Its thought only a small proportion of ticks carry the bacteria that cause Lyme disease. Being bitten doesnt mean youll definitely be infected. However, its important to be aware of the risk and speak to a GP if you start to feel unwell.

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    Who Is At Risk For Lyme Disease

    Anyone can get a tick bite. But people who spend lots of time outdoors in wooded, grassy areas are at a higher risk. This includes campers, hikers, and people who work in gardens and parks.

    Most tick bites happen in the summer months when ticks are most active and people spend more time outdoors. But you can get bitten in the warmer months of early fall, or even late winter if temperatures are unusually high. And if there is a mild winter, ticks may come out earlier than usual.

    Later Symptoms Of Lyme Disease

    More serious symptoms may develop if Lyme disease is left untreated or is not treated early. These can include:

    • pain and swelling in the joints
    • nerve problems such as numbness or pain in your limbs
    • memory problems
    • difficulty concentrating

    Some of these problems will get better slowly with treatment. But they can persist if treatment is started late.

    A few people with Lyme disease go on to develop long-term symptoms similar to those of fibromyalgia or chronic fatigue syndrome. This is known as post-infectious Lyme disease. It’s not clear exactly why this happens. It’s likely to be related to overactivity of your immune system rather than continued infection.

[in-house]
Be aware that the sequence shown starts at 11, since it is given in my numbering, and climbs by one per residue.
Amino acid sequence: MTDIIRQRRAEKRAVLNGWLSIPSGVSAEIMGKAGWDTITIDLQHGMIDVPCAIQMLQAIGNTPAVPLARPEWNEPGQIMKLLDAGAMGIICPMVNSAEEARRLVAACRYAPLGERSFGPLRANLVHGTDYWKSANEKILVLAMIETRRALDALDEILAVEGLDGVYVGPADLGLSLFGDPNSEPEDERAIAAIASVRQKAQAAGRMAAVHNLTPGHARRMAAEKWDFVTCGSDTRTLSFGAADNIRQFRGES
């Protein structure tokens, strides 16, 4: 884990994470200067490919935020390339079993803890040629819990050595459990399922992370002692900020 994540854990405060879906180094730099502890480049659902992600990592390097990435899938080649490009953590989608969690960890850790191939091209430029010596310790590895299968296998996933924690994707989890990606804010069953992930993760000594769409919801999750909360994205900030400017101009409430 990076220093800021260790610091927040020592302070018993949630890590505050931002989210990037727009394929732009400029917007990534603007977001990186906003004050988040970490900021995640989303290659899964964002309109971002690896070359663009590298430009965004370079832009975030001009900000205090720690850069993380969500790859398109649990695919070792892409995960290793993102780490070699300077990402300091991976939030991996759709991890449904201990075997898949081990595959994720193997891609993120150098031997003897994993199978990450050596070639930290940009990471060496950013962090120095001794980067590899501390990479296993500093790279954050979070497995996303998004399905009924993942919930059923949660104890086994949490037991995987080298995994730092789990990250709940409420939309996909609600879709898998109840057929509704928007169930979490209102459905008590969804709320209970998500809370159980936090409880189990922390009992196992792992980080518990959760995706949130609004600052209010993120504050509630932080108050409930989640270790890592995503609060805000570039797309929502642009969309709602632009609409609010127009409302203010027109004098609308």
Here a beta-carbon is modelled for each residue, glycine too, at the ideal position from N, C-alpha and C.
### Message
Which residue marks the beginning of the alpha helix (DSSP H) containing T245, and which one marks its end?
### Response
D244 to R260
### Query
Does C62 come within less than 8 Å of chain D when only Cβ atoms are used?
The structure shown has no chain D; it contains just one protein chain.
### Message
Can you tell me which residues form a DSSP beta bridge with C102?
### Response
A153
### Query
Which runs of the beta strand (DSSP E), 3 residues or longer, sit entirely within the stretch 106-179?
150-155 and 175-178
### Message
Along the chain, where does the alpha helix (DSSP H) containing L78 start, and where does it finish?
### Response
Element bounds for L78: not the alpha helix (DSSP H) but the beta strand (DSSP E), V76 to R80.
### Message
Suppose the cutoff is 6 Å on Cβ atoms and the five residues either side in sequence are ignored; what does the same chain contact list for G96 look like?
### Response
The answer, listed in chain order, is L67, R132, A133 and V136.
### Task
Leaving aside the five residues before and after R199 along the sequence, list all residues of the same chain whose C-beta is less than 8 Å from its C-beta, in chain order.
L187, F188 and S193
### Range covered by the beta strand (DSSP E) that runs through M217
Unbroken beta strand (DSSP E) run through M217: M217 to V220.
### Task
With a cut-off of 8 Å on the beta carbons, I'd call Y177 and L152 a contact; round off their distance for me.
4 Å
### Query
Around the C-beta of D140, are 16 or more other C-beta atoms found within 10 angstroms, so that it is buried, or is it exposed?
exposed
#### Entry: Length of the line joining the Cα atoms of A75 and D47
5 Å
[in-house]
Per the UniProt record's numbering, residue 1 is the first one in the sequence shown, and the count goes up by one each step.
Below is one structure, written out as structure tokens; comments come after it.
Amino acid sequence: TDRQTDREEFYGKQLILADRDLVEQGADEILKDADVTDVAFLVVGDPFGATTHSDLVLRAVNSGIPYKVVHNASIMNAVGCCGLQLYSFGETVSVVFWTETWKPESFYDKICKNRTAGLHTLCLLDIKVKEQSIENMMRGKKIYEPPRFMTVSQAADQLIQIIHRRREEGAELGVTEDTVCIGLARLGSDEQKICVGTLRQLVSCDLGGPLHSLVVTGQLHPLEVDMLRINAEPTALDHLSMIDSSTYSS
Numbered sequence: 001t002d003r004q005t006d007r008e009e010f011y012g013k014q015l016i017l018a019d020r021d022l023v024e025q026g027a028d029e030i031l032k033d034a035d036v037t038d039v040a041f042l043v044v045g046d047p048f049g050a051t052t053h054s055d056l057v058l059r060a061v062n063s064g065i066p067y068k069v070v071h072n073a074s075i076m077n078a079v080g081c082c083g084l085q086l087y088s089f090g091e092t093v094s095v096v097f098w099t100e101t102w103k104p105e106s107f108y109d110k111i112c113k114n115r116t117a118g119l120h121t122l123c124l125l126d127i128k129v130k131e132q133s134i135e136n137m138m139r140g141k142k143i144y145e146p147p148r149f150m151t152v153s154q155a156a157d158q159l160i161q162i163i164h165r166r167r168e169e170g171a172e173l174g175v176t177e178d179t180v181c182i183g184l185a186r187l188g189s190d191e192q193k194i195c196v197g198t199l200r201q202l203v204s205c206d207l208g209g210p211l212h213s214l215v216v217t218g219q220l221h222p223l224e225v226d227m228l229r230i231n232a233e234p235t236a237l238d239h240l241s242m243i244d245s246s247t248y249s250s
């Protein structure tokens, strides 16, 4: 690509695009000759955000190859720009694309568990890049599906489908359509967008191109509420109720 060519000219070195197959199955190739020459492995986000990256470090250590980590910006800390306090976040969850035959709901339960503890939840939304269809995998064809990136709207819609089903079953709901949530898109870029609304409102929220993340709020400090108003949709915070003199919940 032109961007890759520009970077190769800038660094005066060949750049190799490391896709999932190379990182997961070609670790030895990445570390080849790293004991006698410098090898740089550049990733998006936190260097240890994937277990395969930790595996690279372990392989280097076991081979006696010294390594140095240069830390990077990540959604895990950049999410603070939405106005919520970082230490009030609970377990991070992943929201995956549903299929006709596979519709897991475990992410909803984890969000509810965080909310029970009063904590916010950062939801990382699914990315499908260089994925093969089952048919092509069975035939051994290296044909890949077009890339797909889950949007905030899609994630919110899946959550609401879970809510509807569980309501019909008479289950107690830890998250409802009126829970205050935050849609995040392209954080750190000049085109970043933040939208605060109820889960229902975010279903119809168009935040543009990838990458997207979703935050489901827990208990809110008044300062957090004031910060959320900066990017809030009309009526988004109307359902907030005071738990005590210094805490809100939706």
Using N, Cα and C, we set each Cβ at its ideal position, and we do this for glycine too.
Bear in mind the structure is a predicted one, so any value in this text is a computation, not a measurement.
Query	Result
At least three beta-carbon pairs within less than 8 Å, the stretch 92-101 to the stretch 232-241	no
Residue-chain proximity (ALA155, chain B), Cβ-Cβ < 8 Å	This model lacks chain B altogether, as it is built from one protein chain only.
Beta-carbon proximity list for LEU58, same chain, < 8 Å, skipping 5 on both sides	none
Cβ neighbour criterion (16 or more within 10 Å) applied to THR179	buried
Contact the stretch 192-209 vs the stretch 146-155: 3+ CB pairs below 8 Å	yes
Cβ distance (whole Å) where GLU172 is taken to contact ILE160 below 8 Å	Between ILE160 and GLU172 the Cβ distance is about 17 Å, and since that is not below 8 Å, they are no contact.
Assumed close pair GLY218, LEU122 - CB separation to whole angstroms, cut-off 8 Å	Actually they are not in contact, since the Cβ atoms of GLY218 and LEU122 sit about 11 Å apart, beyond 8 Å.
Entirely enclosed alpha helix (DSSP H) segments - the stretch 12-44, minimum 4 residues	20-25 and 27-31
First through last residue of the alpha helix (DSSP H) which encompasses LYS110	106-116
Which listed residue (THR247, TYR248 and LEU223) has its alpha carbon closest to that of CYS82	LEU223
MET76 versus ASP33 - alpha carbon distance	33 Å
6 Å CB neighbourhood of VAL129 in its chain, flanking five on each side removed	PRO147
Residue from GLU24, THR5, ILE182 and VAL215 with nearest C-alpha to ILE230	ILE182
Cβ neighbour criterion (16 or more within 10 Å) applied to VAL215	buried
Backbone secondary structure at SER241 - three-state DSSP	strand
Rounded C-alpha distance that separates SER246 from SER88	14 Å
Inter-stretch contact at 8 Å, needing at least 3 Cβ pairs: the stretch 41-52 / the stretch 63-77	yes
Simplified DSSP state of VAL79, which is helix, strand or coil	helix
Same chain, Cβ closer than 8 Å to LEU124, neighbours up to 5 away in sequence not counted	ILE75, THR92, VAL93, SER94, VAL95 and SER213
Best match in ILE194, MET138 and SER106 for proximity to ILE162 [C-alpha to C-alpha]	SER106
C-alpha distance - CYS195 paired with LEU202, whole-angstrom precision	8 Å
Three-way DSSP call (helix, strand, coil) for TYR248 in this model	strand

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    Pearls And Other Issues

    Based on the geographic distribution of the shared vector Ixodes scapularis, co-infections with Lyme disease and human granulocytic anaplasmosis and/or babesiosis can occur. Co-infected patients may be more severely ill at presentation, have a persistent fever longer than 48 hours after initiating antibiotic therapy for Lyme disease, or present with anemia, leukopenia, and/or thrombocytopenia. When co-infection is suspected or confirmed, treatment with an appropriate antimicrobial regimen for each infection is necessary for resolution of illness.

    Where Are Ticks Found

    Lyme Disease Is On The Rise. And It’s Bad.

    Ticks are found throughout the UK and in other parts of Europe and North America. There are a high number of ticks in the Scottish Highlands.

    They can be found in any areas with deep or overgrown plants where they have access to animals to feed on.

    They’re common in woodland and moorland areas, but can also be found in gardens or parks.

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    How Is Lyme Disease Transmitted

    Ticks usually live in woods or tall grasslands in Canada, the United States, Europe, and Asia. Ticks can become infected with Borrelia burgdorferi by feeding on infected wild animals, and then can spread the bacteria when they feed on blood from the host. Ticks cannot fly – they hang onto small bushes or tall grasses and are usually found close to the ground. They wait for an animal or person to pass near them and when the animal or person makes contact, the ticks attach themselves to the skin to feed.

    In North America, Lyme disease is transmitted mainly by two species of ticks:

    • Blacklegged tick , Ixodes scapularis.
    • Western blacklegged tick, Ixodes pacificus.

    The Public Health Agency of Canada states that there no evidence that Lyme disease can spread from person-to-person. Pets, especially dogs, can get Lyme disease, but there is no evidence that pets can spread the infection directly to humans. They may, however, carry infected ticks into the home or yard which may increase the chance of transmission.